Eileene Leistner, Winiker’s mother, said, “In their senior year, the Schechter school gave the band [Random Task] the chance to work as part of their second semester [work-study program] doing the marketing and promotion of the band. The principal [Dr. Joyce Raynor] was very supportive of the kids, and they used to play a lot at the school. By the time Evan got to college it was clear music was very important to him.”

Added Winiker, “A lot of people have asked if Schechter had any influence on who we are, and I think it really did. There’s no doubt in my mind that I would have been a different person if I went to a high school where I was one in 400. There are benefits to going to a smaller school, and one of them is the friendships you make. In my case I’m lucky because they’ve already lasted a lifetime.”

In 2001, Winiker started college at Rutgers University. It was a particularly fruitful time for local music, with a wellspring of talent like Antonoff, Silber, and Winiker’s turning small venues into hotbeds more typically associated with larger cities.

“New Jersey at the time that we all started playing music was an absolutely magical place,” said Antonoff. “We had no idea how special it was until we went on our first tour and realized that amazing local music scenes were not happening everywhere. At the time that we were a part of it, New Jersey was experiencing an incredible awakening. Amazing bands were popping up out of nowhere, and there was an intense sense of brotherhood in the scene. All the same kids going to the same shows every weekend, supporting the local bands.”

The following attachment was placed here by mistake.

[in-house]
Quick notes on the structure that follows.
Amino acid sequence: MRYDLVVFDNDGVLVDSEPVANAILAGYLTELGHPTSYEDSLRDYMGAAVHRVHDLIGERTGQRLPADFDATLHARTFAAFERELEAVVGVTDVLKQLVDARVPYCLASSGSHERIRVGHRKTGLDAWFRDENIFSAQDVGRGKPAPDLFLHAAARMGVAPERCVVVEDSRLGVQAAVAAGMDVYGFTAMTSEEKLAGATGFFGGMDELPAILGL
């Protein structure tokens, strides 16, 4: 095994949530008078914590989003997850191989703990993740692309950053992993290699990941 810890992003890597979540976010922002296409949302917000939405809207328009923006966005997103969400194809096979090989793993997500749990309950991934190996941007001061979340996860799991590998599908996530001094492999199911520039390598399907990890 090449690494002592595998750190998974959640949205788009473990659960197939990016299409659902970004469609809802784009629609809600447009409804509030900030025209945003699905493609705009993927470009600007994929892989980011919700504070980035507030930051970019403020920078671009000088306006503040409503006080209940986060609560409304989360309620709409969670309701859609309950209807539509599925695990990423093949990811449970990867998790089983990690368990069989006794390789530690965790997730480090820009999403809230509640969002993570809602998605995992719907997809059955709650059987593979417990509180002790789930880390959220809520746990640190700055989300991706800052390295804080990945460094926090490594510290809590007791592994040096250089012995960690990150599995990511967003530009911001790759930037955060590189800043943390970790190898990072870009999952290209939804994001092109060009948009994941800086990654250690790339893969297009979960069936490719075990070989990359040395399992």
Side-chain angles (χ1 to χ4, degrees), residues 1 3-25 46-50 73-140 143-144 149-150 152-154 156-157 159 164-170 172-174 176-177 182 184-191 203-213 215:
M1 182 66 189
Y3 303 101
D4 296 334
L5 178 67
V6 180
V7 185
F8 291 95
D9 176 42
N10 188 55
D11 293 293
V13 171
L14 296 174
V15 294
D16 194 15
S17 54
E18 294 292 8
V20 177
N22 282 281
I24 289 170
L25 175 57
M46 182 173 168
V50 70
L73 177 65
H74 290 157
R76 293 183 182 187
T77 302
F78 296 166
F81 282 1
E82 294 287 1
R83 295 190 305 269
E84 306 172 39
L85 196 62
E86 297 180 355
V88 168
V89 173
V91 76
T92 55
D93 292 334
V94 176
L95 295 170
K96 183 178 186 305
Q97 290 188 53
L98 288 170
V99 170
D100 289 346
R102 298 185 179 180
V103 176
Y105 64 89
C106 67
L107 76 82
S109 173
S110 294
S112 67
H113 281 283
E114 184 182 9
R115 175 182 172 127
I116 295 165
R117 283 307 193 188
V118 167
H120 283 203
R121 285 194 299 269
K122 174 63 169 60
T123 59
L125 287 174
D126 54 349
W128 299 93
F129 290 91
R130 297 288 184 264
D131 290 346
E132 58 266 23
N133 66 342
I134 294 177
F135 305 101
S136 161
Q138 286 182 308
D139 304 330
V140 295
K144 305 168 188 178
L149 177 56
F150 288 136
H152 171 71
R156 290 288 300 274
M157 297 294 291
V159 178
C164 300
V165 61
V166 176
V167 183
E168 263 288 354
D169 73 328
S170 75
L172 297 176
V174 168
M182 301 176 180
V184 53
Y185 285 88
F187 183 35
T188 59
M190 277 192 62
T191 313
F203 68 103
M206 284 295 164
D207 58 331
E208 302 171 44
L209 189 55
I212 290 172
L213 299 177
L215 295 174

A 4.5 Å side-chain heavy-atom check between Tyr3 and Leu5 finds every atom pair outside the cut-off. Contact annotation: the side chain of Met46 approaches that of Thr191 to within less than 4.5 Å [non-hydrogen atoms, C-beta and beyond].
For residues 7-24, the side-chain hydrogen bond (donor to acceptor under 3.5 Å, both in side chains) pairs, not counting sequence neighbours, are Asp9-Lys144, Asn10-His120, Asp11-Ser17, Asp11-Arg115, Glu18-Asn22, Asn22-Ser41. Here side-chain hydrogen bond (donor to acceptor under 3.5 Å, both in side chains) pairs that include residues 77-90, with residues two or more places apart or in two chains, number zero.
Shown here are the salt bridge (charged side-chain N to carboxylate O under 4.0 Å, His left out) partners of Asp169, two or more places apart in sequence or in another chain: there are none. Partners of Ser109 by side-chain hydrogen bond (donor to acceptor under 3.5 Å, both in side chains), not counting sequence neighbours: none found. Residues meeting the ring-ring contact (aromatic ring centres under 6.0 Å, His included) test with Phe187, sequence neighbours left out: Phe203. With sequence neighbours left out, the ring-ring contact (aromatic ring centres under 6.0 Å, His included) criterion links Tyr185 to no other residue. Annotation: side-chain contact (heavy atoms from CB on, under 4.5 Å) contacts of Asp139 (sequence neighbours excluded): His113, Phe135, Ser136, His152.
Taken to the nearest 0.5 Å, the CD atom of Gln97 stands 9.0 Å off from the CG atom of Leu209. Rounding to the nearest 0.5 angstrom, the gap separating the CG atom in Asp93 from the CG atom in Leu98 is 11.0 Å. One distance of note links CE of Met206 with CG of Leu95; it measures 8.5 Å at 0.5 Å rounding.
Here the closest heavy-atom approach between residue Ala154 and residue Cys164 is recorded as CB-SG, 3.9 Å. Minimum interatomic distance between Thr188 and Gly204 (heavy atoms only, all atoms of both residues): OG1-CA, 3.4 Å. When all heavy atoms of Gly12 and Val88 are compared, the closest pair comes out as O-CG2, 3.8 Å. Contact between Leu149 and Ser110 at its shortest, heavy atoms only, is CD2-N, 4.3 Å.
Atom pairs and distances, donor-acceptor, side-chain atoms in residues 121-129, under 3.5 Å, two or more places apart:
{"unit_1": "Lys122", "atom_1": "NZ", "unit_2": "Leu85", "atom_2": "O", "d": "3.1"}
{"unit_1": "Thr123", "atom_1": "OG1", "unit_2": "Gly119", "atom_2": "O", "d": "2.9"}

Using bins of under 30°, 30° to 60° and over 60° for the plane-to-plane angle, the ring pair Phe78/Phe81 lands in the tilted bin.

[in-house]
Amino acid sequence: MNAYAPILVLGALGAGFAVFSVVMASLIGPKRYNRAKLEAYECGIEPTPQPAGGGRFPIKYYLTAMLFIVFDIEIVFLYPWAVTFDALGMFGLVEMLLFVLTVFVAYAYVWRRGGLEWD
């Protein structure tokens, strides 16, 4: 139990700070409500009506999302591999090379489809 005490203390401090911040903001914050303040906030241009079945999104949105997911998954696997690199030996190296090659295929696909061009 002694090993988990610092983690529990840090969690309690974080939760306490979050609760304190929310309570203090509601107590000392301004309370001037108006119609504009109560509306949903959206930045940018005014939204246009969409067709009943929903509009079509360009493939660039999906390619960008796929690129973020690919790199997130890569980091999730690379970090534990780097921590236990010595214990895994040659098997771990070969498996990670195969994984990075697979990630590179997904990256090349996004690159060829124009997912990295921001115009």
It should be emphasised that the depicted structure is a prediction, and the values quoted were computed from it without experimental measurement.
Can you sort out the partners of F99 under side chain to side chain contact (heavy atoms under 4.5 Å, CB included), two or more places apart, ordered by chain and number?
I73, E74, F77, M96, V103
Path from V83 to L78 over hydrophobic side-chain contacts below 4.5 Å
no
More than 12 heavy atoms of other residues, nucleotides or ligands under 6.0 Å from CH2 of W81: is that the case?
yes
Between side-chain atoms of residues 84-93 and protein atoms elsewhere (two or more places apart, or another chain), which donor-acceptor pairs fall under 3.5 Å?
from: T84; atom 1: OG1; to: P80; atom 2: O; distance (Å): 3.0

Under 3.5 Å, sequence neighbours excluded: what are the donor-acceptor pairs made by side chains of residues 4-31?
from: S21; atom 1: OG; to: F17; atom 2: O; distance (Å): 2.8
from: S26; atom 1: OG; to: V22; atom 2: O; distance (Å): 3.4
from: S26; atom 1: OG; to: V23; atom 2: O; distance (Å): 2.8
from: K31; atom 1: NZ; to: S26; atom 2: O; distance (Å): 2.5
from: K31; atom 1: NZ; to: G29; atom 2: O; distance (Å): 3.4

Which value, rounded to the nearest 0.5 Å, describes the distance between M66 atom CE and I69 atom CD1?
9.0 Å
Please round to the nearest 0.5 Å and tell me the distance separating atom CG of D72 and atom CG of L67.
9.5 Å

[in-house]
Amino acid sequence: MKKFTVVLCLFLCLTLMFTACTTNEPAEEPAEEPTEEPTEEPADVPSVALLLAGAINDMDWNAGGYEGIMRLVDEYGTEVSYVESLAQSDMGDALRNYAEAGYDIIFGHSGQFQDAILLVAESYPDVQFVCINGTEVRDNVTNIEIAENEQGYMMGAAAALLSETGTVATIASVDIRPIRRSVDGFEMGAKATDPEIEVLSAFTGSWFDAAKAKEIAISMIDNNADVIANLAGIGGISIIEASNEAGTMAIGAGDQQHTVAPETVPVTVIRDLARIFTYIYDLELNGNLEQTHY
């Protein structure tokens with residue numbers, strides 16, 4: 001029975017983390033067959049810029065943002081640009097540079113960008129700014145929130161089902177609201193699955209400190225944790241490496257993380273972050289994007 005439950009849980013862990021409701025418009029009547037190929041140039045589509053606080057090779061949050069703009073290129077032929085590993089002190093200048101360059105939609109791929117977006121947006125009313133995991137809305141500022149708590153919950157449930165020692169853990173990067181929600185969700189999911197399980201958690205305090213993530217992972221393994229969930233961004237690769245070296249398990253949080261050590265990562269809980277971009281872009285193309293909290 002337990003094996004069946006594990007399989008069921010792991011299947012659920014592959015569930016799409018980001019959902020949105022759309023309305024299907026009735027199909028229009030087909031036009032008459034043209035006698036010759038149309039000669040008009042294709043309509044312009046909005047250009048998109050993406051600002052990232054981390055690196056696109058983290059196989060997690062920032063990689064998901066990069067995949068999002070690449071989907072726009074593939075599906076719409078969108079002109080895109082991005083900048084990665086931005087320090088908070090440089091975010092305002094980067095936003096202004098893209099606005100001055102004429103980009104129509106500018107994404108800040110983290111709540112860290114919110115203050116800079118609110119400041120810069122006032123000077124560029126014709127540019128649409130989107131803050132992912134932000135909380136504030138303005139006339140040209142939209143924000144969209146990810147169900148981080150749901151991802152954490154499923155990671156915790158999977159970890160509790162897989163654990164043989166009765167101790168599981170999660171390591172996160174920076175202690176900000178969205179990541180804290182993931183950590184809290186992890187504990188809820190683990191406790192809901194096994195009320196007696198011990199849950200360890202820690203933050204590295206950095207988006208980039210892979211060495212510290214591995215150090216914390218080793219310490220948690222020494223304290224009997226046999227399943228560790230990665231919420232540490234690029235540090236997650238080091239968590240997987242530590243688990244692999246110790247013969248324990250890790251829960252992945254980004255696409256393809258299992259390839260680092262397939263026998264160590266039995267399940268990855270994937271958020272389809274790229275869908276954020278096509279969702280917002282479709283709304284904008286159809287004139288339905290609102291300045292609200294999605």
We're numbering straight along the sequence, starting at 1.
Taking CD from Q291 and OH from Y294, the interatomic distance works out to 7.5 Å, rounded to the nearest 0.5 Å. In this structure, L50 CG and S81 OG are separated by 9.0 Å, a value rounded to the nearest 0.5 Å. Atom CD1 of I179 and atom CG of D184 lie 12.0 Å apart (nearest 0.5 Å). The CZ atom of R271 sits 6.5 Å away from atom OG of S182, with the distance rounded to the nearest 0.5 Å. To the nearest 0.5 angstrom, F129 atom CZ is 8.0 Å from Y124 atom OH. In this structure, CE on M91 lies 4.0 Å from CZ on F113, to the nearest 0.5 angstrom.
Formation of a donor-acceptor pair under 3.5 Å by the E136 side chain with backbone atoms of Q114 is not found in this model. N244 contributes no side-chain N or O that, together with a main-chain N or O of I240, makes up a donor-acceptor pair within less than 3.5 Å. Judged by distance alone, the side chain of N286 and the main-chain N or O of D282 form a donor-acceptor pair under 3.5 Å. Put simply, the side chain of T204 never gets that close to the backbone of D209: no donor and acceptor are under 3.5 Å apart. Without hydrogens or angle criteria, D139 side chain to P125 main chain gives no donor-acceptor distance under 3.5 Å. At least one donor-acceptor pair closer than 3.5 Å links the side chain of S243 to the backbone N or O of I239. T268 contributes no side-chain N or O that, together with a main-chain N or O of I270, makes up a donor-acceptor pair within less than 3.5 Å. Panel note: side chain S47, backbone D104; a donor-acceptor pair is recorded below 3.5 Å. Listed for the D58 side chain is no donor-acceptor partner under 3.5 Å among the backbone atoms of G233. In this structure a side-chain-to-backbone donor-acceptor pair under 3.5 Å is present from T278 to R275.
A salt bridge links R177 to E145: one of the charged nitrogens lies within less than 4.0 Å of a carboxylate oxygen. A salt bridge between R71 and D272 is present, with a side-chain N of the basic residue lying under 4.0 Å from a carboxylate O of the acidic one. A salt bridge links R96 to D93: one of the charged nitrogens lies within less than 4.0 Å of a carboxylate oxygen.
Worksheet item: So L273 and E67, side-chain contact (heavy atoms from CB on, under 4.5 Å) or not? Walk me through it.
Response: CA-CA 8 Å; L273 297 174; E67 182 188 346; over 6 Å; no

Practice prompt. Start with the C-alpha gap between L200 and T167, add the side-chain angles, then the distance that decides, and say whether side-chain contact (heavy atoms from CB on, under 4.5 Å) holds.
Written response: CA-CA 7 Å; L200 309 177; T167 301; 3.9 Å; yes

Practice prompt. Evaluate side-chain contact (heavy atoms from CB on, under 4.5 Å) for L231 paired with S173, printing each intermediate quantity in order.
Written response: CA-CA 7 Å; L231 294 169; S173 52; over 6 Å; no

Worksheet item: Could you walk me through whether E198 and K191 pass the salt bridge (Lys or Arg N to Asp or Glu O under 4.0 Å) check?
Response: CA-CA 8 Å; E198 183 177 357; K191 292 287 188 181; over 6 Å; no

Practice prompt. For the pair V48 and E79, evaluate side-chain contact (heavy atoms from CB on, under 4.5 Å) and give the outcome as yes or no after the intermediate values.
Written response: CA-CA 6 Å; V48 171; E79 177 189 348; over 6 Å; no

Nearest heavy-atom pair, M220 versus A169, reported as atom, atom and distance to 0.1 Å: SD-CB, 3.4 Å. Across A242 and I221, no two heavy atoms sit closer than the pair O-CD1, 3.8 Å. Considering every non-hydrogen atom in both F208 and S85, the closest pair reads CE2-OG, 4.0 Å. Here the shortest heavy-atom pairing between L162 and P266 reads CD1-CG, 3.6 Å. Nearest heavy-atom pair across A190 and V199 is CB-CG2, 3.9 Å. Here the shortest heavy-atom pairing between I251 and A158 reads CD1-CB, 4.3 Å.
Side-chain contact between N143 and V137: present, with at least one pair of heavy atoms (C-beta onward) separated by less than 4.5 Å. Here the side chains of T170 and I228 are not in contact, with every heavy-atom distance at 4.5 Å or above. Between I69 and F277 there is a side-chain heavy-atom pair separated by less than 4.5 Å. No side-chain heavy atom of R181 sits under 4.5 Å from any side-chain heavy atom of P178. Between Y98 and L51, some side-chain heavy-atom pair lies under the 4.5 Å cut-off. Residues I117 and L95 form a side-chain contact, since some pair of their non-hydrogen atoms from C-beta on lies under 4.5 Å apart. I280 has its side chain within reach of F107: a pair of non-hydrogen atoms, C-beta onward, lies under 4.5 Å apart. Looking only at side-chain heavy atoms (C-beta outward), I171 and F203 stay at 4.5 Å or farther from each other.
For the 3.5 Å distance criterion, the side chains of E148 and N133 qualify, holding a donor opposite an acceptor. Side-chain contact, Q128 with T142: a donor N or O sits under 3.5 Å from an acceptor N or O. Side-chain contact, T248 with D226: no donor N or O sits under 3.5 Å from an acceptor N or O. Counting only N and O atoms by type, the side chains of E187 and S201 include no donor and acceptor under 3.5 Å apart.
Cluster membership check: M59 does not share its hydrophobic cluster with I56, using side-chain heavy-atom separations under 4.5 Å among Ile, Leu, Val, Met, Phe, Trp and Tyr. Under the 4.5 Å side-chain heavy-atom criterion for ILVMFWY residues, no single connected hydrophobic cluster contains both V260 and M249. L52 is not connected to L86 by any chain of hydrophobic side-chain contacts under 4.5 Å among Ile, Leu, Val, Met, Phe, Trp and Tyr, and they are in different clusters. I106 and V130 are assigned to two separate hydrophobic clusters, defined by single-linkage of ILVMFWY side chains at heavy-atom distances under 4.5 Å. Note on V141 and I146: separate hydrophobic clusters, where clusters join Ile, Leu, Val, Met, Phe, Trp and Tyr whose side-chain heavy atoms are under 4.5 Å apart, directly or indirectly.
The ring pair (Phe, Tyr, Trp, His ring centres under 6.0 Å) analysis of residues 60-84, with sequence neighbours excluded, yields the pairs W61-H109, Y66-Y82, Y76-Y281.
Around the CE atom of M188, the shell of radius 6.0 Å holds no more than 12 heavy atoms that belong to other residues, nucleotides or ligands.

Antonoff and his friend Scott Irby-Ranniar formed Steel Train and secured a deal with Drive-Thru Records around the time that Winiker and Silbert went off to college. Shortly thereafter, Antonoff and Irby-Ranniar recruited drummer Matthias Gruber and placed a call to Winiker, who had just begun his freshman year, to offer him the bassist position.

Said Leistner, Winiker’s mother, “He turned to us and said, ‘This is the most important thing in my life. In order for me to do this I’ve got to leave school.’ And although we weren’t thrilled with him leaving school we said, ‘You really need to follow your passion.’

“The biggest question we got from friends and family was, ‘How could you let him do this?’ But how could we not let him do this? It was deeply important to him, so how could we not support him in something that was extremely important in his life?”